What a weekend it was! We could tell you about how we spend our stat holiday (drinking beer and listening to records mostly) here in Canada, or perhaps about some of the interesting news relating to the world of Our Thing that have come across our desk. But we know the real reason you’re here: to get our take on New Japan’s G1 Special events that took place this weekend in Long Beach California. Yes, undoubtedly you’re thirsty for our views on the crowning of Kenny Omega as the inaugural IWGP US Champion, whether Cody Rhodes had the best match of his career against Kazuchika Okada (he did) and how Tomohiro Ishii is lowkey the most consistently great performer in the entire world of wrestling. Well, sadly we didn’t have time to write any of that up. We did do a Tracks post though, cold comfort though it may be.

For real though, New Japan has like, a lot of belts.

INVA//ID, “Overdose”
A tip of the I Die: You Die cap to Ryan from Youth Code for bringing this brand new electro-industrial artist to our attention. We know next to nothing about INVA//ID (not to be confused with friend of the site Séamus Bradd, formerly the.invalid), except that they hail from the steaming hotbet of industrial that is Los Angeles, and they like that classic 90s dark electro style. Go to Soundcloud to check out their stuff – including a pretty dope cover of X Marks The Pedwalk’s “I See You” – and keep your ears open for the name; we’re pretty confident you’ll be hearing about them a lot in the near future.

Distorted Retrospect, “Intermittent (V▲LH▲LL Remix)”
There was a time not so long ago when every week brought us either a new song or remix from V▲LH▲LL, but things have slowed down somewhat of late. That’s not a bad thing necessarily, because it makes something like this new mix for Distorted Retrospect (aka Christof Krztov) feel real special, a ghostly visitation if you will. You’ve got the usual spooky vibe and orchestral sounds in full effect, and we’re especially digging the vocal processing being used to bring the whole thing together. Take all the time you need for the next release guys, but don’t be strangers now ya hear?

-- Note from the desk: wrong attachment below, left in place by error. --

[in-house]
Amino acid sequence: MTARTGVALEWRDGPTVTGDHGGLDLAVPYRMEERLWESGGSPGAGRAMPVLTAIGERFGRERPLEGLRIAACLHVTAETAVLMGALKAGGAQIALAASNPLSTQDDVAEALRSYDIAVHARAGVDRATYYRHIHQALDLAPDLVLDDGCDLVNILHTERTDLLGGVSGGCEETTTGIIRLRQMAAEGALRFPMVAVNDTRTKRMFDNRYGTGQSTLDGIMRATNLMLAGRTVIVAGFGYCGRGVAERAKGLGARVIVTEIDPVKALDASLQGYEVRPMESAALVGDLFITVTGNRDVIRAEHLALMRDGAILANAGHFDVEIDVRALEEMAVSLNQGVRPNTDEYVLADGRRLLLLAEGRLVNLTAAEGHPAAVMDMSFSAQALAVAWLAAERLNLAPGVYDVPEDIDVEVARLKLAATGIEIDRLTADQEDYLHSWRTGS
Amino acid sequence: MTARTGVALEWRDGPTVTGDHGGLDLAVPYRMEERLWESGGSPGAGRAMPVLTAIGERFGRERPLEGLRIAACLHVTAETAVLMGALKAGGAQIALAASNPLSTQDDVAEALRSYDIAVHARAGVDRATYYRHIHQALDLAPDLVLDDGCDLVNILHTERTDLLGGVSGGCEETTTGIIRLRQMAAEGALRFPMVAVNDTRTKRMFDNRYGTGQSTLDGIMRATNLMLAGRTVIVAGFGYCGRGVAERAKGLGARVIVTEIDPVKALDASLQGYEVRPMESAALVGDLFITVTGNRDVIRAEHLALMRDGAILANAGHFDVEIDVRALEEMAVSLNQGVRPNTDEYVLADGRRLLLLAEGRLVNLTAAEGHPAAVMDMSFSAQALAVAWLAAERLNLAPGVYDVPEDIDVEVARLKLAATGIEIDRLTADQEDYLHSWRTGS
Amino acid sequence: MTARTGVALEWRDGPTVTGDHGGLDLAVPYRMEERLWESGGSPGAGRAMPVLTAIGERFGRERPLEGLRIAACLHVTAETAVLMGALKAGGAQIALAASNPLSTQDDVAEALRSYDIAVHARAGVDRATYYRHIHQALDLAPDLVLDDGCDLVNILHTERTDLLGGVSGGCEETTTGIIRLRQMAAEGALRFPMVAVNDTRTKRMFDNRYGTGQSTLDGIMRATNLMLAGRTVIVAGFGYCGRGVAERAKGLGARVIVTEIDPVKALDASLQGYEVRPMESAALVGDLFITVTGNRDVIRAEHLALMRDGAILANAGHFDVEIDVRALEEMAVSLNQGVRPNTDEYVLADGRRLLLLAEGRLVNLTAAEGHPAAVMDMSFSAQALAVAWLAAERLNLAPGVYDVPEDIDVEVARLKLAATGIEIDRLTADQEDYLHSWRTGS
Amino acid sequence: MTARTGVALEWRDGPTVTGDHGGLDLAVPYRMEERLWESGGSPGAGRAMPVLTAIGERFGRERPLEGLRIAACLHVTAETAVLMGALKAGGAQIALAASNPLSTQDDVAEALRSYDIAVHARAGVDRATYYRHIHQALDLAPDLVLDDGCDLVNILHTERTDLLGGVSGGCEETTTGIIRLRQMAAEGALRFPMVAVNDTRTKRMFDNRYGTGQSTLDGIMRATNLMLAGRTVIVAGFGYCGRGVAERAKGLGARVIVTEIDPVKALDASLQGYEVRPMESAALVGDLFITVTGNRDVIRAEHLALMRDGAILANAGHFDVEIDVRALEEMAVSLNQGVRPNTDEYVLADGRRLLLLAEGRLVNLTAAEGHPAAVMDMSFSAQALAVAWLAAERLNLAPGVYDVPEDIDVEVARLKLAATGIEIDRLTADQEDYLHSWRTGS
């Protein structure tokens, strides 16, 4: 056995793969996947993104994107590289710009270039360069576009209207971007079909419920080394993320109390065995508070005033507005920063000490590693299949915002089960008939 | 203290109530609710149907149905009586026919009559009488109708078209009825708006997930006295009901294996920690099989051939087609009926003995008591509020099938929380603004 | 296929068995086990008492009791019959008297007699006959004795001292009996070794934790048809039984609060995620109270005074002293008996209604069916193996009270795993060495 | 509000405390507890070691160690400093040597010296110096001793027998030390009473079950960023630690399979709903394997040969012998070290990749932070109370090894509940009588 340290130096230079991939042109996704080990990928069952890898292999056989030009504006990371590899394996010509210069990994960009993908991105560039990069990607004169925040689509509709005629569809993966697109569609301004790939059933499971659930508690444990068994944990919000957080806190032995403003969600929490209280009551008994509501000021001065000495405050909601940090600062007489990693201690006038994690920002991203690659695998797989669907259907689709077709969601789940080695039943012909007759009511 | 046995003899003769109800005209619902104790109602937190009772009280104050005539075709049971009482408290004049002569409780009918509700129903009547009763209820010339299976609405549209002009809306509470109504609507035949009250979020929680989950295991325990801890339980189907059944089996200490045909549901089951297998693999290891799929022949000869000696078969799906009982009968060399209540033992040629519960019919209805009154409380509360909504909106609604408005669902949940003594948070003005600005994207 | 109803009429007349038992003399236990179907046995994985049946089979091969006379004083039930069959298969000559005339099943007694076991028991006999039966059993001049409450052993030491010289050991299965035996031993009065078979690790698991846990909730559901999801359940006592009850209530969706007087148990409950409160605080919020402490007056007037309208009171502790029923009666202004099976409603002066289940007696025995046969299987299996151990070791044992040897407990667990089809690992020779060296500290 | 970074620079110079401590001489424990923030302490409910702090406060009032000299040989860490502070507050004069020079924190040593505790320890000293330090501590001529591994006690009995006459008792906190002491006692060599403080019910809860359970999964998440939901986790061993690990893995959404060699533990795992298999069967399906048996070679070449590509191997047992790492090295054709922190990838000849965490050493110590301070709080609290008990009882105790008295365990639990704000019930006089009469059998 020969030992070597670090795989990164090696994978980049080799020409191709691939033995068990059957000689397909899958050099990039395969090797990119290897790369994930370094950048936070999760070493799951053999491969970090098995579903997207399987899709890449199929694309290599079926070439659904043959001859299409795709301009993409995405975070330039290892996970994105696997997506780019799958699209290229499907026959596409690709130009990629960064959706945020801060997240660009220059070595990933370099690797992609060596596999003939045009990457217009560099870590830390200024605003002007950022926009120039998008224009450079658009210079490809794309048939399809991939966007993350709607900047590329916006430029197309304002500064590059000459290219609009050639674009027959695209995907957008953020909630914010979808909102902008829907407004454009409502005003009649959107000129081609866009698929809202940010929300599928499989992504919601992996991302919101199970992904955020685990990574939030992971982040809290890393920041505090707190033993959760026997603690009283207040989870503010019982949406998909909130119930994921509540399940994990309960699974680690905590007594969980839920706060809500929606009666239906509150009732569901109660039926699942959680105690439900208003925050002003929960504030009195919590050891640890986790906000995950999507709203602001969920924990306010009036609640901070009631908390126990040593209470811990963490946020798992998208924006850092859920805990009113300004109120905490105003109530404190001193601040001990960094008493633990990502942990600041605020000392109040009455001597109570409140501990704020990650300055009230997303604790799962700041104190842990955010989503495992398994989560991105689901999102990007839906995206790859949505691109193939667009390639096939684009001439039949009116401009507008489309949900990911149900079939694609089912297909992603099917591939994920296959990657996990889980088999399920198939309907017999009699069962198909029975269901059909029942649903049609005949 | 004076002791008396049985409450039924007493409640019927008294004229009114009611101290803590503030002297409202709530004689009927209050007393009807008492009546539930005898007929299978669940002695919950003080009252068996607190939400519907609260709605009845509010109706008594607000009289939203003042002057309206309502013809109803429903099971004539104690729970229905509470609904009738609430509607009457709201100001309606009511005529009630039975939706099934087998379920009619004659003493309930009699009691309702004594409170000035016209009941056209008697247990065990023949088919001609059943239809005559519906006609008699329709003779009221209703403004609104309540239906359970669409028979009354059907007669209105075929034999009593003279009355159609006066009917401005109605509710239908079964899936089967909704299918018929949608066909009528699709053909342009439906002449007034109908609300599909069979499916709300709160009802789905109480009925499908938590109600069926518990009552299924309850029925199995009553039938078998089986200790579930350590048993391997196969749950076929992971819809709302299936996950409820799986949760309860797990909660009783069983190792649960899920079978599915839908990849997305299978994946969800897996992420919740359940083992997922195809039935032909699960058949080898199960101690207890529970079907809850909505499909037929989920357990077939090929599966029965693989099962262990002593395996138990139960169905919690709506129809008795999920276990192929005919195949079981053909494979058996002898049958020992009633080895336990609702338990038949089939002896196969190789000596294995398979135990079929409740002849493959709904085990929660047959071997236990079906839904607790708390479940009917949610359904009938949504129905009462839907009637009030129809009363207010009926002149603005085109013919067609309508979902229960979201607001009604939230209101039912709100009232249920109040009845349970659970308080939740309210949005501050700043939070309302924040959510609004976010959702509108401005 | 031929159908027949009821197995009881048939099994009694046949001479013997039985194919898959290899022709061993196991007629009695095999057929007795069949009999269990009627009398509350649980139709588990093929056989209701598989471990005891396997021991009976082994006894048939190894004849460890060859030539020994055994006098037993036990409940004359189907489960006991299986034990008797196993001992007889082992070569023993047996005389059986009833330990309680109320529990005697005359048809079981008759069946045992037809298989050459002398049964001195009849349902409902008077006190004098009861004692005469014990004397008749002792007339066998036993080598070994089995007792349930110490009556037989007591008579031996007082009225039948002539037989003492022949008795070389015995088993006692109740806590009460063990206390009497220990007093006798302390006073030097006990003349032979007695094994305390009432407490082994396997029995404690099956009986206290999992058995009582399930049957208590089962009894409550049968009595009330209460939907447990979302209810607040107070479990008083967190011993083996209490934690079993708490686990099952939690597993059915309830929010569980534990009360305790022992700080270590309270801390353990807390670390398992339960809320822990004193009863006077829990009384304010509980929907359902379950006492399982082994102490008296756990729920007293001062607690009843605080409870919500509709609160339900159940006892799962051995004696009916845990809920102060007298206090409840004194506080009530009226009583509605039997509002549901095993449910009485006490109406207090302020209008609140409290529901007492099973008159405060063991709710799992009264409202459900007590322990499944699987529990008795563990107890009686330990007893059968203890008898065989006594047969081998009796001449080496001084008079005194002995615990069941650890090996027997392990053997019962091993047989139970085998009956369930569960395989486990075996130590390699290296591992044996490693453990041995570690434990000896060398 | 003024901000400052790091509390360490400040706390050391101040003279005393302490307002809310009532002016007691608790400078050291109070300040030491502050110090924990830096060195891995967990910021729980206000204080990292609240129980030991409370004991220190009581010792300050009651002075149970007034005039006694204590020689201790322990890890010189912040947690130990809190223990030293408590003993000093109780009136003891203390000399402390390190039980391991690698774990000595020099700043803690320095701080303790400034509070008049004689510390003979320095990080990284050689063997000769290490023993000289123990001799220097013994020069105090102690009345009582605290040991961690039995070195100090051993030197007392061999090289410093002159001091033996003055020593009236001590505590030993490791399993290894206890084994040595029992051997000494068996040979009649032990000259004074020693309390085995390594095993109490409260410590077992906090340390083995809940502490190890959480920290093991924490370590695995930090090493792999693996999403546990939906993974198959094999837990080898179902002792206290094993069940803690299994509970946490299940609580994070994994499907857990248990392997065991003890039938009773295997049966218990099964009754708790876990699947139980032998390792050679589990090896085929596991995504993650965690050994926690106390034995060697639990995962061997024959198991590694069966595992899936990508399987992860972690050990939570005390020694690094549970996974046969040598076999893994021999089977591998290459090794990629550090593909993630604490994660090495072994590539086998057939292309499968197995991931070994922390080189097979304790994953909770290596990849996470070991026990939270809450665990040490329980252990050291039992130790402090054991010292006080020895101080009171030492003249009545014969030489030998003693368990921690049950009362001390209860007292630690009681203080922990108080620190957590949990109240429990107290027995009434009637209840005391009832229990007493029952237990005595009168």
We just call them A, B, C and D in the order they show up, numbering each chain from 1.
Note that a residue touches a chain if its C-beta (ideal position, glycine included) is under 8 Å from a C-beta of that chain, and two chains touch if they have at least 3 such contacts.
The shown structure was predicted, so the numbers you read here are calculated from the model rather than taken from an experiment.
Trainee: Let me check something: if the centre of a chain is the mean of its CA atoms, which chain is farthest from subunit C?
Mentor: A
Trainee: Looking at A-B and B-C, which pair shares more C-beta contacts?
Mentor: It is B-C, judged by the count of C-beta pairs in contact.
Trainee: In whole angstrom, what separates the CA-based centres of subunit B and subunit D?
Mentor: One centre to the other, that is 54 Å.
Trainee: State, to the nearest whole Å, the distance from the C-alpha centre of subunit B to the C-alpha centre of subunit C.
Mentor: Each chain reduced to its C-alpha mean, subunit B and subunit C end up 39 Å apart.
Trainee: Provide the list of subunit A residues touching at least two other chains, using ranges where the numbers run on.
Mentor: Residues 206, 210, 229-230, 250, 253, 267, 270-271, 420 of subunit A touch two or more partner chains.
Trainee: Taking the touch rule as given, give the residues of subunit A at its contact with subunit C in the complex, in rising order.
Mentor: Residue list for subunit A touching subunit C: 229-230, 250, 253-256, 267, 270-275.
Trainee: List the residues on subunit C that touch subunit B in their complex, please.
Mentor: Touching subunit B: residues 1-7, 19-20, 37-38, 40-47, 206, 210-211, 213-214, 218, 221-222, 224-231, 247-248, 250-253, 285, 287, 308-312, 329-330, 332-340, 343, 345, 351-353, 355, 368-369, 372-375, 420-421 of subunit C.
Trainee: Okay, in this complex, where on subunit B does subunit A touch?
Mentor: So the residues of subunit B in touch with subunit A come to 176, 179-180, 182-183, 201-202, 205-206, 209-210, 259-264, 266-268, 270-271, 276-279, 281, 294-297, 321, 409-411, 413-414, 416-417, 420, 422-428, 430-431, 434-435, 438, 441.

Sally Dige, “Holding On”
We missed Sally Dige’s 2015 debut on Night School, but even if she wasn’t releasing follow-up Holding On on DKA, we’d have had to check it out after so many friends in the know expressed anticipation over more music from the German/Canadian transplant. The title track has all the cold and elusive markers of classic minimal wave, but is so full, lush, and replete with echoing layers of electro-pop that it’s impossible to think of it having too much in common with such a stripped down genre. Definitely bodes well for the rest of the record.

How Green is My Toupee, “Sense”
Every time we write or mention Cyborgs on Crack, we usually make it a point to mention not to be put off by the name, and that it is not a reflection on the terrific acid house by way of 80s post-industrial sounds produced by Domagoj Kršić. Imagine our surprise at reading his recent announcement that he would be backburnering CoC for a while and concentrating on a new project called…How Green Is My Toupee. Well alright then. On the real though, the name should give you a hint to dada sensibility conveyed by first single “Sense” and the weird left turn it takes about midway through. Always the unexpected with this guy.

Ortrotasce, “Primitive Colors”
The new Code EP from Florida’s Ortrorasce is full of spritely coldwave which dashes about with ease and panache, like this number. Should appeal to fans of The Present Moment, automelodi, and older Body Of Light. It looks as though they’ll be playing with High-Functioning Flesh in NY in a couple weeks if’n you’re in the area and keen to hear more.

Cretin Dilettante, “Signal Intrusion”
We’re not really sure what to make of the first sounds from the new LP by Dustin Sheehan’s Cretin Dilettante project, especially by the standards Basic Unit Productions has set thus far. It’s pensive and certainly speaks to the bedroom project roots of Sheehan’s first couple of releases, but there’s clearly a good sense for arrangements and instrumentation at the core of a track like “Signal Intrusion”, beneath wet, wobbling frequencies and finely minced and scrambled samples.